Dividend Decision Model – Walter, Gordon, Modigiliani

A firm must decide whether to distribute all profits, retain them, or distribute a portion and retain the balance. Dividend decision is essentially a trade-off between retained earnings and issue of new shares. Dividend decision model helps a firm to make a profitable choice between the two.

Dividend decision consists of two important theories which are based on the relationship between dividend decision and value of the firm.

  1. Relevance Theory of Dividend – Walter`s model, Gordon`s Model

  2. Irrelevance Theory of Dividend – Modigliani and Miller`s Approach

Relevance Theory –

According to this theory, the dividend decision of a firm affects the market value of the firm. It suggests that shareholders prefer current dividend and there is a direct relationship between dividend decision and value of the firm. This theory was supported by two professors James E. Walter and Myron Gordon.

Walter`s Dividend Decision Model –

According to this approach dividend decision is an active variable that influences share price and value of the firm. James E. Walter believed that the dividend decision of a firm always affects the market value of the firm.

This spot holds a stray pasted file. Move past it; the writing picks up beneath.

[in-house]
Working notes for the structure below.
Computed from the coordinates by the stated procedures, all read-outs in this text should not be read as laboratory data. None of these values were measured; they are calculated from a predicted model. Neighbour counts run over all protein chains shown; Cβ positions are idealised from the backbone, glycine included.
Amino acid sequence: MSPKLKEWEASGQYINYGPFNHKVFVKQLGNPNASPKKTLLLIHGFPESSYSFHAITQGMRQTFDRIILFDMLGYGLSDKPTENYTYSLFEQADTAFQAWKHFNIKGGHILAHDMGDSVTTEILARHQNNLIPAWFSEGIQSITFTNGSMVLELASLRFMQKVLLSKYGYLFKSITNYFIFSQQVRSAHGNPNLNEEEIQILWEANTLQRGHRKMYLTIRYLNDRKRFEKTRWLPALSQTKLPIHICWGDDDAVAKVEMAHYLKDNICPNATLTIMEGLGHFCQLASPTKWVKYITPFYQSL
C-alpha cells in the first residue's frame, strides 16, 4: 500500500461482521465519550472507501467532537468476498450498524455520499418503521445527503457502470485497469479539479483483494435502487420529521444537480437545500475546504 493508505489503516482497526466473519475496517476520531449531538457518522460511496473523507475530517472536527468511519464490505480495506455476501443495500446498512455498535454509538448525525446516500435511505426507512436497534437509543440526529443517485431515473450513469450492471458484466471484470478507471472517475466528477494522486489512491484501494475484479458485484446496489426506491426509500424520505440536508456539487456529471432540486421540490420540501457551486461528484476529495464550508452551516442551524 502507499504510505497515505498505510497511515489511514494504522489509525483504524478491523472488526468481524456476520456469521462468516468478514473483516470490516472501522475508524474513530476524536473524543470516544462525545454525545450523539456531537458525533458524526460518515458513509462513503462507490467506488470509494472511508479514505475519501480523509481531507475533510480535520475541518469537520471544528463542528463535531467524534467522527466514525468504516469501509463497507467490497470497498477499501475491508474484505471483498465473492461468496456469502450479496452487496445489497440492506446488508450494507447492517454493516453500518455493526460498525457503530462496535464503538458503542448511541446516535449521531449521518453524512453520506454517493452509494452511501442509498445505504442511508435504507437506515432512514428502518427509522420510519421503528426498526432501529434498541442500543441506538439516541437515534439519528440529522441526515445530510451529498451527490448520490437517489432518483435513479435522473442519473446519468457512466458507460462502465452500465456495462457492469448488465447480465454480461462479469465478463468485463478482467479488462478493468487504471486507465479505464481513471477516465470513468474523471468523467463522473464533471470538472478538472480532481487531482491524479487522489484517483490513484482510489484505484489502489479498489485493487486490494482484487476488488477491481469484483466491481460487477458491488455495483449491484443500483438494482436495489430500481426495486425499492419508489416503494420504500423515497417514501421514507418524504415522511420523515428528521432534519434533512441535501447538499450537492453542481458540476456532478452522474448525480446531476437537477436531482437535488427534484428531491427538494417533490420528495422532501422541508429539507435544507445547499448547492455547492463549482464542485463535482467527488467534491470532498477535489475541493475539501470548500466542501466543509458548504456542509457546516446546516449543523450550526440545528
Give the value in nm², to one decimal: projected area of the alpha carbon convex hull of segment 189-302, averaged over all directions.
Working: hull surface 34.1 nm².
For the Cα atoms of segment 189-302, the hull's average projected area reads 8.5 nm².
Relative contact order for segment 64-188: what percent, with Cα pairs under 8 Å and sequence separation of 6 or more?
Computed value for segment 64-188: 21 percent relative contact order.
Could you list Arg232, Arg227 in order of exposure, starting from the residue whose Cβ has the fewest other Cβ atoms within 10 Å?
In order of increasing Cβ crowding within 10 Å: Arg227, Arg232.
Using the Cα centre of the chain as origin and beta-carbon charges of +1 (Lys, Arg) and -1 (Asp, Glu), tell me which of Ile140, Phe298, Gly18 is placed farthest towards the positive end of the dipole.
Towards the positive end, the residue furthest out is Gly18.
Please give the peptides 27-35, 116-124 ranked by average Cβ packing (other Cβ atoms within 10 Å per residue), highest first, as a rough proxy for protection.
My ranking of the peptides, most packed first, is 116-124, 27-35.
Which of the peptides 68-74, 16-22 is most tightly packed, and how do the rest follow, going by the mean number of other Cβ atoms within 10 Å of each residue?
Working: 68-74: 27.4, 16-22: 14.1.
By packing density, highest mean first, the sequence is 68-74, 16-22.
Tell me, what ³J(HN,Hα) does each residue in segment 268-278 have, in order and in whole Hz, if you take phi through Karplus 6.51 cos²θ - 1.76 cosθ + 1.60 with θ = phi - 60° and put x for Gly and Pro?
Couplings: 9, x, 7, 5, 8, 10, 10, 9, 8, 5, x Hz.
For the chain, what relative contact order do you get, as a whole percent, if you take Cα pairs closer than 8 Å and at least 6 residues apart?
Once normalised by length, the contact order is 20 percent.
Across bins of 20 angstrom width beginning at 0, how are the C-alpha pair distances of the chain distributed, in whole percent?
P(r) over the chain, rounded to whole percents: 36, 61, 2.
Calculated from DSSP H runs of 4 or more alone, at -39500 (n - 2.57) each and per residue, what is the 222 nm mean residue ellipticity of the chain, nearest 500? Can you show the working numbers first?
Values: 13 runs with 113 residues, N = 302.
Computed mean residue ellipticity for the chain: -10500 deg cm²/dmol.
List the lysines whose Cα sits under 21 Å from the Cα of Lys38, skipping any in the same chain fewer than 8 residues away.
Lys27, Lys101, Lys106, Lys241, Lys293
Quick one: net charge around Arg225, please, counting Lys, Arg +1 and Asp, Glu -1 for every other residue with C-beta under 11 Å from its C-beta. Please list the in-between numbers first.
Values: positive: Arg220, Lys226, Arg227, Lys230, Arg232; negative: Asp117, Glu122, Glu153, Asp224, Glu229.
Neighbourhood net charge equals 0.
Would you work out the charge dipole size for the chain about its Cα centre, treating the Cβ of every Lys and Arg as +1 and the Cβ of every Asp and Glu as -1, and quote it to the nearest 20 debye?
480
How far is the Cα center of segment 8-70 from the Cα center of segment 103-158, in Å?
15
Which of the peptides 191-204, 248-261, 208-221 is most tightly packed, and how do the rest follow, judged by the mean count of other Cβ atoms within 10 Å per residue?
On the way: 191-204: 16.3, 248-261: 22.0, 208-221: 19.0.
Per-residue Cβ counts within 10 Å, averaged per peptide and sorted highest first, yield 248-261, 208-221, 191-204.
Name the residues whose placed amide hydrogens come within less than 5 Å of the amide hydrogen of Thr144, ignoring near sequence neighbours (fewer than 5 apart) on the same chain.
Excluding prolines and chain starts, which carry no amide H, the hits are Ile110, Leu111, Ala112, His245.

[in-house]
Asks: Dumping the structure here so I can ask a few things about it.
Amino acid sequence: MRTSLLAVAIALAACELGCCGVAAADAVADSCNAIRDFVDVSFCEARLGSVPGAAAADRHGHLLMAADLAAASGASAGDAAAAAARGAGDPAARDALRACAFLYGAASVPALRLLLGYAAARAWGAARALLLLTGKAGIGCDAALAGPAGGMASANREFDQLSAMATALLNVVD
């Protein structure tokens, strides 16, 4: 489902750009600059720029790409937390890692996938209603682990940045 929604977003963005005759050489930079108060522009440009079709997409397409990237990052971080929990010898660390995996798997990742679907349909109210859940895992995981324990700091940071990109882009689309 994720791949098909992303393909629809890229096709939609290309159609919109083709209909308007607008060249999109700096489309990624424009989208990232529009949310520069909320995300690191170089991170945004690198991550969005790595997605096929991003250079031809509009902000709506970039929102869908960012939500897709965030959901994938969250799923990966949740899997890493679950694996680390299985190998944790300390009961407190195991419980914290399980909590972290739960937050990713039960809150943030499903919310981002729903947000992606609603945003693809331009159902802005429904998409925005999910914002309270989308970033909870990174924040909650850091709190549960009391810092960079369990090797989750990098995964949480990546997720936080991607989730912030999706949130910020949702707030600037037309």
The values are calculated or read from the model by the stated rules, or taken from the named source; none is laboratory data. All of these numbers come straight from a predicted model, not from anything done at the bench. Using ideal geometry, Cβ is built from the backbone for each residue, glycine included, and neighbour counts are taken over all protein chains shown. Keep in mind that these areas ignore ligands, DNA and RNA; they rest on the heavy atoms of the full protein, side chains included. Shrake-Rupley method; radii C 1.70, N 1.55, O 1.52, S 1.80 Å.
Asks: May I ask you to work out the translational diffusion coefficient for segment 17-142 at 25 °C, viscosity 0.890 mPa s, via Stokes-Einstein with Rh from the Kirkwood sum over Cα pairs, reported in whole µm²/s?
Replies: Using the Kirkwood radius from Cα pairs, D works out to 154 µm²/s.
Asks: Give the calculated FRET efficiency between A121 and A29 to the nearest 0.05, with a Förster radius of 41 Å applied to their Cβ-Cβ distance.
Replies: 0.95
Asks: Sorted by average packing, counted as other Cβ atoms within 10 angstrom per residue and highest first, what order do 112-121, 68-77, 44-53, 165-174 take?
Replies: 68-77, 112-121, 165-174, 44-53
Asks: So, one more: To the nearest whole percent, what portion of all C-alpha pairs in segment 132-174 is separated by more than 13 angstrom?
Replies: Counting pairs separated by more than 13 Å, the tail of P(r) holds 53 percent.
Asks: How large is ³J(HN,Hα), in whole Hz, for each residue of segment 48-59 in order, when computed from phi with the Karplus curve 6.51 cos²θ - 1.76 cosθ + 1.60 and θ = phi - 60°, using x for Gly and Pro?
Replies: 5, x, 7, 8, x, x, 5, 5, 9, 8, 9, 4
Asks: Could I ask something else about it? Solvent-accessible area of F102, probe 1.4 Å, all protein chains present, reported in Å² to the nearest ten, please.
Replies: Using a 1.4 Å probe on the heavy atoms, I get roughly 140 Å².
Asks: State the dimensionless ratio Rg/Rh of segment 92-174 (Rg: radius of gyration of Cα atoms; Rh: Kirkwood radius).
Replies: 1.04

In determining the significance of dividend decisions Walter related the firm’s Internal Rate of return (r) with the firm`s Cost of capital (Ke).

According to Walter –

  1. If r > Ke – The firm should retain its earnings.

  2. If r < Ke – The firm should distribute its earnings so that shareholders can make higher earnings by investing elsewhere.

  3. If r = Ke – The firm can be indifferent towards earnings retained or distributed

Based on the relationship between a firm`s Ke and r there may be the following types of firms –

Growth Firms- [r>k] – These firms have ample investment opportunities promising high rate of return in the future. Therefore they should retain earnings to grow more and must not distribute any dividend.

Declining Firms – [r<k] – These firms lack investment opportunity and therefore it should distribute all its earnings so that the investors can invest it elsewhere and earn better return.

Normal firms – [r=k] – In these firms shareholders are indifferent between retention and distribution of earnings as the firm does not have the ability to earn huge profits in near future.

According to this dividend decision model, if a firm has a return on investment greater than its cost of equity capital, then it must prefer high dividend payout ratio in order to maximize its market value.

Assumptions of Walter Model –

  1. The firm does not use debt or equity financing.

  2. Retained earnings are the exclusive source of financing.

  3. The Firm`s (r) and (Ke) are constant.

  4. The Firm either entirely distributes or retains its earnings.

  5. There is no change in earning per share and dividend distributed.

  6. The firm has a perpetual life.

  7. Corporate taxes do not exist.

Determining the Market Value of Shares According to Walter`s Approach

According to Walter Model of Dividend decision Market Value of Share is the sum of the market value of two sources of income.

  1. Present Value of all dividends = D/Ke     and,

  2. Present Value of all capital gains = [r(E-D)Ke]/Ke


P = D/Ke  +   [r (E-D)/Ke]/Ke


P = Market price per share

D = Dividend Per Share

E = Earnings Per Share

R = Internal rate of Return

Ke = Cost of Capital